Things that are changing!

October 14, 2010 Leave a comment

It’s been a bit since I last posted… a lot has been going on. I’ve had a new baby (girl #2, yay!), recorded a ton of videos for 3D Buzz in our Software Engineering course, started working on a new light-weight blog engine (which I may retire and just stick with something that’s already out there… not sure), and a few other projects that I’ll keep unmentioned for now.

So yeah, lots going on.

In the next month or so I’ll be transitioning over to a new host as doesn’t meet my up-coming needs. Look for it soon! πŸ™‚

Categories: Personal


September 15, 2010 Leave a comment

I’ve been working on familiarizing myself with various JavaScript frameworks and methodologies over the past few weeks at work. I recently came across the Cappuccino framework. While I had seen this in the past, I never really tried it out. Well, last week I actually started poking around with it. πŸ™‚

The basic idea of the framework is to provide a platform for building web-based applications. That means it’s a library nothing like jQuery where you pick and choose what elements of jQuery you want, Cappuccinno is an all-or-nothing solution.

The thing I found most interesting was that the JavaScript you write is actually written in a language they call Objective-J. At its heart, it is Objective-C for JavaScript. This is pretty compelling as in theory you could more easily port an exisiting Cocoa application for the web. In practice, this is a long ways out as there is a lot of the underlying framework missing.

I did find writing the Objective-J code very familiar as I’ve used Objective-C in the past. Is this the new way to write web apps? I don’t know… definitely needs some work to before it truly becomes a v1 product, but it has potential.

Some might cringe that it abstracts the “HTML-ness” away from the web, but I don’t necessarily think that is a bad thing.

The most interesting thing about Cappuccinno, to me at least, is there Atlas project. It’s basically Interface Builder for JavaScript, which I find very interesting. They also have tools to convert your Nib files to Cib (basically a Cappuccino Nib file) files which allow you to load up UI that way.

It’s definitely a framework you should look into if you are developing a new web-app from scratch. It obviously doesn’t have the widespread use like jQuery does, but that’s not always a bad thing.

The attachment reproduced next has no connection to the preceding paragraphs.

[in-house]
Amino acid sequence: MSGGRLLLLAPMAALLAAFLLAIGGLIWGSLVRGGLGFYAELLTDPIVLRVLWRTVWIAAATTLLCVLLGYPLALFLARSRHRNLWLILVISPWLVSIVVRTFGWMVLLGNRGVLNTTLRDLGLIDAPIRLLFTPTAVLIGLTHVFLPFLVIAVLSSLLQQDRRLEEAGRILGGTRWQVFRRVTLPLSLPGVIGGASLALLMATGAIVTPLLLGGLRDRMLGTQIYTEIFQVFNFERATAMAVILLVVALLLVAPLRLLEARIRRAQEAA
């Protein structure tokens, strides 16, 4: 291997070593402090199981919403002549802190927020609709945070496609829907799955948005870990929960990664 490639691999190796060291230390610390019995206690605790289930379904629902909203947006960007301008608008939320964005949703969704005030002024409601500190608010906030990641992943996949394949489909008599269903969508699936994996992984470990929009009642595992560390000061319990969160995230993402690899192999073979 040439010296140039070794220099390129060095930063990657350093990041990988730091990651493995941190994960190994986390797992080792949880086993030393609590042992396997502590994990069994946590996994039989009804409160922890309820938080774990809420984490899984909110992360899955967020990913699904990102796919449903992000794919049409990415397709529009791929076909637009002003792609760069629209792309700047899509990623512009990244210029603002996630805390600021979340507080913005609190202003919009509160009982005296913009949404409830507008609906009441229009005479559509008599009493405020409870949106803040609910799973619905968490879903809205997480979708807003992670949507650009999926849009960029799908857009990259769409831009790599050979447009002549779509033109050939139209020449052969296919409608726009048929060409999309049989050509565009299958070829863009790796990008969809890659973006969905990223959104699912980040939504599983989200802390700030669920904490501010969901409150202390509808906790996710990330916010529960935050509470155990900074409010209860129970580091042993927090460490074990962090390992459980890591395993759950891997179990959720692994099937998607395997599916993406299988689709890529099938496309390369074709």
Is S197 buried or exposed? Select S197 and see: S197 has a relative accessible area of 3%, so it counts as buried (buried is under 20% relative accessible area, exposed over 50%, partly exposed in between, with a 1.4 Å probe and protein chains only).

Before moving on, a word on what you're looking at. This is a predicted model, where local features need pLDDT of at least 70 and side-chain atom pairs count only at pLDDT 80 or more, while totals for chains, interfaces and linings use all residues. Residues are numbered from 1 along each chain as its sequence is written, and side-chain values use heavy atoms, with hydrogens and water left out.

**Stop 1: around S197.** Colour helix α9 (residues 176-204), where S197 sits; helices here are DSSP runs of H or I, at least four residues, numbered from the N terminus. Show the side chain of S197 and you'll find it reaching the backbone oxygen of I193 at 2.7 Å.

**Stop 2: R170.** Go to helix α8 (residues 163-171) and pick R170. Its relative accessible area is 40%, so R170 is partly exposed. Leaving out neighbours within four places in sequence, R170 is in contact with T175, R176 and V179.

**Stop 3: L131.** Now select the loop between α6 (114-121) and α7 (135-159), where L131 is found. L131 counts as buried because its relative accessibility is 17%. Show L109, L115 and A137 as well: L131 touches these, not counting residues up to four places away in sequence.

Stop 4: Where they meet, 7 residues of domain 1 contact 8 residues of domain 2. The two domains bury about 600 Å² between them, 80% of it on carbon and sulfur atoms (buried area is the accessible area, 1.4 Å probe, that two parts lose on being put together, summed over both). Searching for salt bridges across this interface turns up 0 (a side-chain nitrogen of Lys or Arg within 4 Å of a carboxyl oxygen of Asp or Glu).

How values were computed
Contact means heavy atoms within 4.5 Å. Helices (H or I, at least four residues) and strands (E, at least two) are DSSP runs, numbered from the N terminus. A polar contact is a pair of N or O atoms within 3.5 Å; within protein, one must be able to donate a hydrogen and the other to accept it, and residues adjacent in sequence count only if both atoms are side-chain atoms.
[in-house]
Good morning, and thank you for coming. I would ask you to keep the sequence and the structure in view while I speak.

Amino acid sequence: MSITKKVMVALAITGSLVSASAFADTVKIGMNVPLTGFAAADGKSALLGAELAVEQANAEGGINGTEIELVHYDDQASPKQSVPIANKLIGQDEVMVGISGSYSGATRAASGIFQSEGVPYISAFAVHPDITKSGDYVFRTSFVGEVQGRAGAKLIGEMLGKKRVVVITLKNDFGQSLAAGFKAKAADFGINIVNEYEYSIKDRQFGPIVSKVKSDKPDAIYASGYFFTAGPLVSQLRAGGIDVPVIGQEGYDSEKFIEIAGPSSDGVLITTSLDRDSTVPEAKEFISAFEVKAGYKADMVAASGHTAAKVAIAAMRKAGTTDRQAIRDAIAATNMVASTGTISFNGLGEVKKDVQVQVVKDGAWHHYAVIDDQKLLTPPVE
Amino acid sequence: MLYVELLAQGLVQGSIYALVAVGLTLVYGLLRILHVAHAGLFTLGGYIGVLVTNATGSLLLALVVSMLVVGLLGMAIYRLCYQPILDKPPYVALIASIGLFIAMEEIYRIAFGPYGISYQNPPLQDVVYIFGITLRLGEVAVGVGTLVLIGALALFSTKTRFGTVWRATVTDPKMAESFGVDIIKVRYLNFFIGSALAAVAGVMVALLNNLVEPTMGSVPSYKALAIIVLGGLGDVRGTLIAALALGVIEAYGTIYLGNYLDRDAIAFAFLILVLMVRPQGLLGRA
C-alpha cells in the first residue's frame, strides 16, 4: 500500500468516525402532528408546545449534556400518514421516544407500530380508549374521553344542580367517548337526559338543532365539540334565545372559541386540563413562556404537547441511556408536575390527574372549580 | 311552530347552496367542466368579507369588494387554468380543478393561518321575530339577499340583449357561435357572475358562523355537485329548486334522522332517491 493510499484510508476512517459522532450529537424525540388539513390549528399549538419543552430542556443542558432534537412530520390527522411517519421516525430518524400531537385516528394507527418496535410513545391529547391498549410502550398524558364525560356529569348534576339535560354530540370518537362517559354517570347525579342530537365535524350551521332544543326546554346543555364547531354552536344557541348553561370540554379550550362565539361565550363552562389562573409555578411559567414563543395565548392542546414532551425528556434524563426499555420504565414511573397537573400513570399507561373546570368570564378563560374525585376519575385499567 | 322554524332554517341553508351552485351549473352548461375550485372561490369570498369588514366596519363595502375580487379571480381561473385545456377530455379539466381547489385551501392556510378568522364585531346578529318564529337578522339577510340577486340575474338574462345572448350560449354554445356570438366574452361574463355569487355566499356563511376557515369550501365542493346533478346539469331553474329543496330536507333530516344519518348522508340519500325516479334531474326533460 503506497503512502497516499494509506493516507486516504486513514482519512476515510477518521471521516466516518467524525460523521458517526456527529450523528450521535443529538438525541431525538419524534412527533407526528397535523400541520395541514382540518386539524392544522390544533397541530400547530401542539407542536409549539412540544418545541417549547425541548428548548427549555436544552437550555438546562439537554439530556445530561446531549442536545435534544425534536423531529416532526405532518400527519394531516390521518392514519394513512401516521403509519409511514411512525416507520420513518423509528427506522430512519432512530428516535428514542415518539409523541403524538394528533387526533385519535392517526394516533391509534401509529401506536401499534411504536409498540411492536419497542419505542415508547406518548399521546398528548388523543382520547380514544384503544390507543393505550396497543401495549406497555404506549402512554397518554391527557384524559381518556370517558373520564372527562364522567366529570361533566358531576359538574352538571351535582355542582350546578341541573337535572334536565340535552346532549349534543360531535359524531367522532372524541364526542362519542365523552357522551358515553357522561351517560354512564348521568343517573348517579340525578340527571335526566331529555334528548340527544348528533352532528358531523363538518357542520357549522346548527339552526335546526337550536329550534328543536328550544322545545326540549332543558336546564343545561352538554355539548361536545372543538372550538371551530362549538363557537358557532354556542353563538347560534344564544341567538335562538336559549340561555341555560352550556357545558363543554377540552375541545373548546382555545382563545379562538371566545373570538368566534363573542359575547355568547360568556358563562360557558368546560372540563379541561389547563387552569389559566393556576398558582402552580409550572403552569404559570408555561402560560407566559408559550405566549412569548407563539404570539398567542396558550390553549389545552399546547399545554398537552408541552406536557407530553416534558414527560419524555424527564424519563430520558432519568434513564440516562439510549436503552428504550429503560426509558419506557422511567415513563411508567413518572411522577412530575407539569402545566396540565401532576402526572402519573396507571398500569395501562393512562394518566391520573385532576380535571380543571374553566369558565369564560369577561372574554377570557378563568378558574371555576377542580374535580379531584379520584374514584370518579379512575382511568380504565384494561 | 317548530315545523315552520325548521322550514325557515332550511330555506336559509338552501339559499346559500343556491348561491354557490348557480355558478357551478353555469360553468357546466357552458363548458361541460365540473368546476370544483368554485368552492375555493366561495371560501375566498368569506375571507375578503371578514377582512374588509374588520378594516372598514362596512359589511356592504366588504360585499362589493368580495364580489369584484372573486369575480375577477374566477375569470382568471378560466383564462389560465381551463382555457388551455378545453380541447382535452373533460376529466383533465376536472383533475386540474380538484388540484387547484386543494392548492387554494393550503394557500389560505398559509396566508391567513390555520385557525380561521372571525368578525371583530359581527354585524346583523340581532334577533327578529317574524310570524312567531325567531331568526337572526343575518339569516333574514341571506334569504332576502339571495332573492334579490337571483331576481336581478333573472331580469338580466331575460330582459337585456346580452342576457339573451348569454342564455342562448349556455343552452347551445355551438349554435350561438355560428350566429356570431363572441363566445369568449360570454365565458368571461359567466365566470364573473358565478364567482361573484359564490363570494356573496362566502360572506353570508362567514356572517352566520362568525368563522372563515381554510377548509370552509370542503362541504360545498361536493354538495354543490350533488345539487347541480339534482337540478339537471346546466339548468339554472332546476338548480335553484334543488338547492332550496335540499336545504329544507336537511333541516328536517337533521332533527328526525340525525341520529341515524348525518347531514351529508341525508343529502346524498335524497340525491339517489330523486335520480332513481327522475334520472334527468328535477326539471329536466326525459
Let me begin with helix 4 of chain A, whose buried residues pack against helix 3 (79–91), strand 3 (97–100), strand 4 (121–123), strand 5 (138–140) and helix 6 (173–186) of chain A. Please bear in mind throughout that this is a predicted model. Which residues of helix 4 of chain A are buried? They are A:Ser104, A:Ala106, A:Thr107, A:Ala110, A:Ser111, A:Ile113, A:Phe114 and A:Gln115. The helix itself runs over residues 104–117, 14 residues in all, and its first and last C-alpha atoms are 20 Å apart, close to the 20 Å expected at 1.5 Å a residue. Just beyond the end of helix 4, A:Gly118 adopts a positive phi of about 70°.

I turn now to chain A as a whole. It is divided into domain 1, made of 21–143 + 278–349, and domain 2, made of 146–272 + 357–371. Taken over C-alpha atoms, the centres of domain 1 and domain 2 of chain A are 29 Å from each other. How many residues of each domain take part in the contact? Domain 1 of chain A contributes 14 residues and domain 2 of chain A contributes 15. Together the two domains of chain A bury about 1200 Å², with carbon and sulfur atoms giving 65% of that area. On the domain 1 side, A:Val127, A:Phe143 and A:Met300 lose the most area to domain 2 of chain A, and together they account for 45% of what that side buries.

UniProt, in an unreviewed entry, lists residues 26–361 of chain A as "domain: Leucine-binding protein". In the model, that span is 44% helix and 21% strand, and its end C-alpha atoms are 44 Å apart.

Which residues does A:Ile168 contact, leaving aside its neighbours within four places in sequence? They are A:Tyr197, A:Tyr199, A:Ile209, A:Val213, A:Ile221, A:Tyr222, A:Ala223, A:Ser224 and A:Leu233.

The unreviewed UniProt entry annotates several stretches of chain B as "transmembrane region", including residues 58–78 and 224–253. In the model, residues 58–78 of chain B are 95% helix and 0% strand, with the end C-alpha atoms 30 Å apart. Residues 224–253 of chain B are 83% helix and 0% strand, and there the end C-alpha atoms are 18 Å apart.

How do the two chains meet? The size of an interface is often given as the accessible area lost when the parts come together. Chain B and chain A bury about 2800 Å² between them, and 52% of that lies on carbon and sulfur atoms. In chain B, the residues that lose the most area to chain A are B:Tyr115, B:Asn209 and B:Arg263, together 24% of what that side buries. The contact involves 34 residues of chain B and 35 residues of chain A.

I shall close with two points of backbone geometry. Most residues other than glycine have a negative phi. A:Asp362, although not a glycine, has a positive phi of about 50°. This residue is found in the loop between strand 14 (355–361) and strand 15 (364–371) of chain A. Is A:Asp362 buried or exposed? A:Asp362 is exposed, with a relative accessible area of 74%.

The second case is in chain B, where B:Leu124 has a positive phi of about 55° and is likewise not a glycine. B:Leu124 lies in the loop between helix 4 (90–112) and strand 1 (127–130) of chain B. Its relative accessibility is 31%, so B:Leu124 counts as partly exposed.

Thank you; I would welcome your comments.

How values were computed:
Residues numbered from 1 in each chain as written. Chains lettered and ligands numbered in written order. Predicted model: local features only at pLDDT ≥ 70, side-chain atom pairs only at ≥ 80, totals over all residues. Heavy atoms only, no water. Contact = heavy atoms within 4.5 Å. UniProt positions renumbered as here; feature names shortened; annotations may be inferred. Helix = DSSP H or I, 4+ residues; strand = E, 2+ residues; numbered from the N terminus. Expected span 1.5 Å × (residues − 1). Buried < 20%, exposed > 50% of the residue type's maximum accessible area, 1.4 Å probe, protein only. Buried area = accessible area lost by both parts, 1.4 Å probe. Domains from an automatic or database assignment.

Categories: JavaScript, Programming

HTML5 Canvas and Dashed Lines

September 7, 2010 20 comments

I’ve been spending a lot of time with HTML5’s new Canvas tag, and I have to say, I’m quite excited with it. The gratification you can get with a small set of code rendering some images is great! It’s nothing like what you need to get going in C++ and OpenGL or even XNA – pure, simple, and of course, very limited.

Canvas is currently so limited that you cannot even draw a simple dashed line! Straight lines, no problem.

This is clearly a problem that needs fixing and luckily enough, I have just a solution. πŸ™‚

So, how might we go about adding this functionality. Quite simply! Thanks to the ability for JavaScript’s prototypical nature, and maybe more accurately, it’s dynamic nature, we can extend the functionality of the Canvas object so that we can make our new functionality look like it’s built-in.

Ok, so how do we get started? First we need to define our protype code. I’ve created a new JavaScript file called canvas.js to where we’ll put our code.

CanvasRenderingContext2D.prototype.dashedLineTo = function (from, to, pattern) {}

That adds the ‘dashedLineTo’ function to our canvas protype.

Next we need to actually implement the function. I’m not going to actually go through and explain it all, but the idea of the code is to use the pattern parameter to define the length of each dash and each space, in alternating order, for your dashed line.

CanvasRenderingContext2D.prototype.dashedLineTo = function (fromX, fromY, toX, toY, pattern) {
  // Our growth rate for our line can be one of the following:
  //   (+,+), (+,-), (-,+), (-,-)
  // Because of this, our algorithm needs to understand if the x-coord and
  // y-coord should be getting smaller or larger and properly cap the values
  // based on (x,y).
  var lt = function (a, b) { return a <= b; };
  var gt = function (a, b) { return a >= b; };
  var capmin = function (a, b) { return Math.min(a, b); };
  var capmax = function (a, b) { return Math.max(a, b); };

  var checkX = { thereYet: gt, cap: capmin };
  var checkY = { thereYet: gt, cap: capmin };

  if (fromY - toY > 0) {
    checkY.thereYet = lt;
    checkY.cap = capmax;
  if (fromX - toX > 0) {
    checkX.thereYet = lt;
    checkX.cap = capmax;

  this.moveTo(fromX, fromY);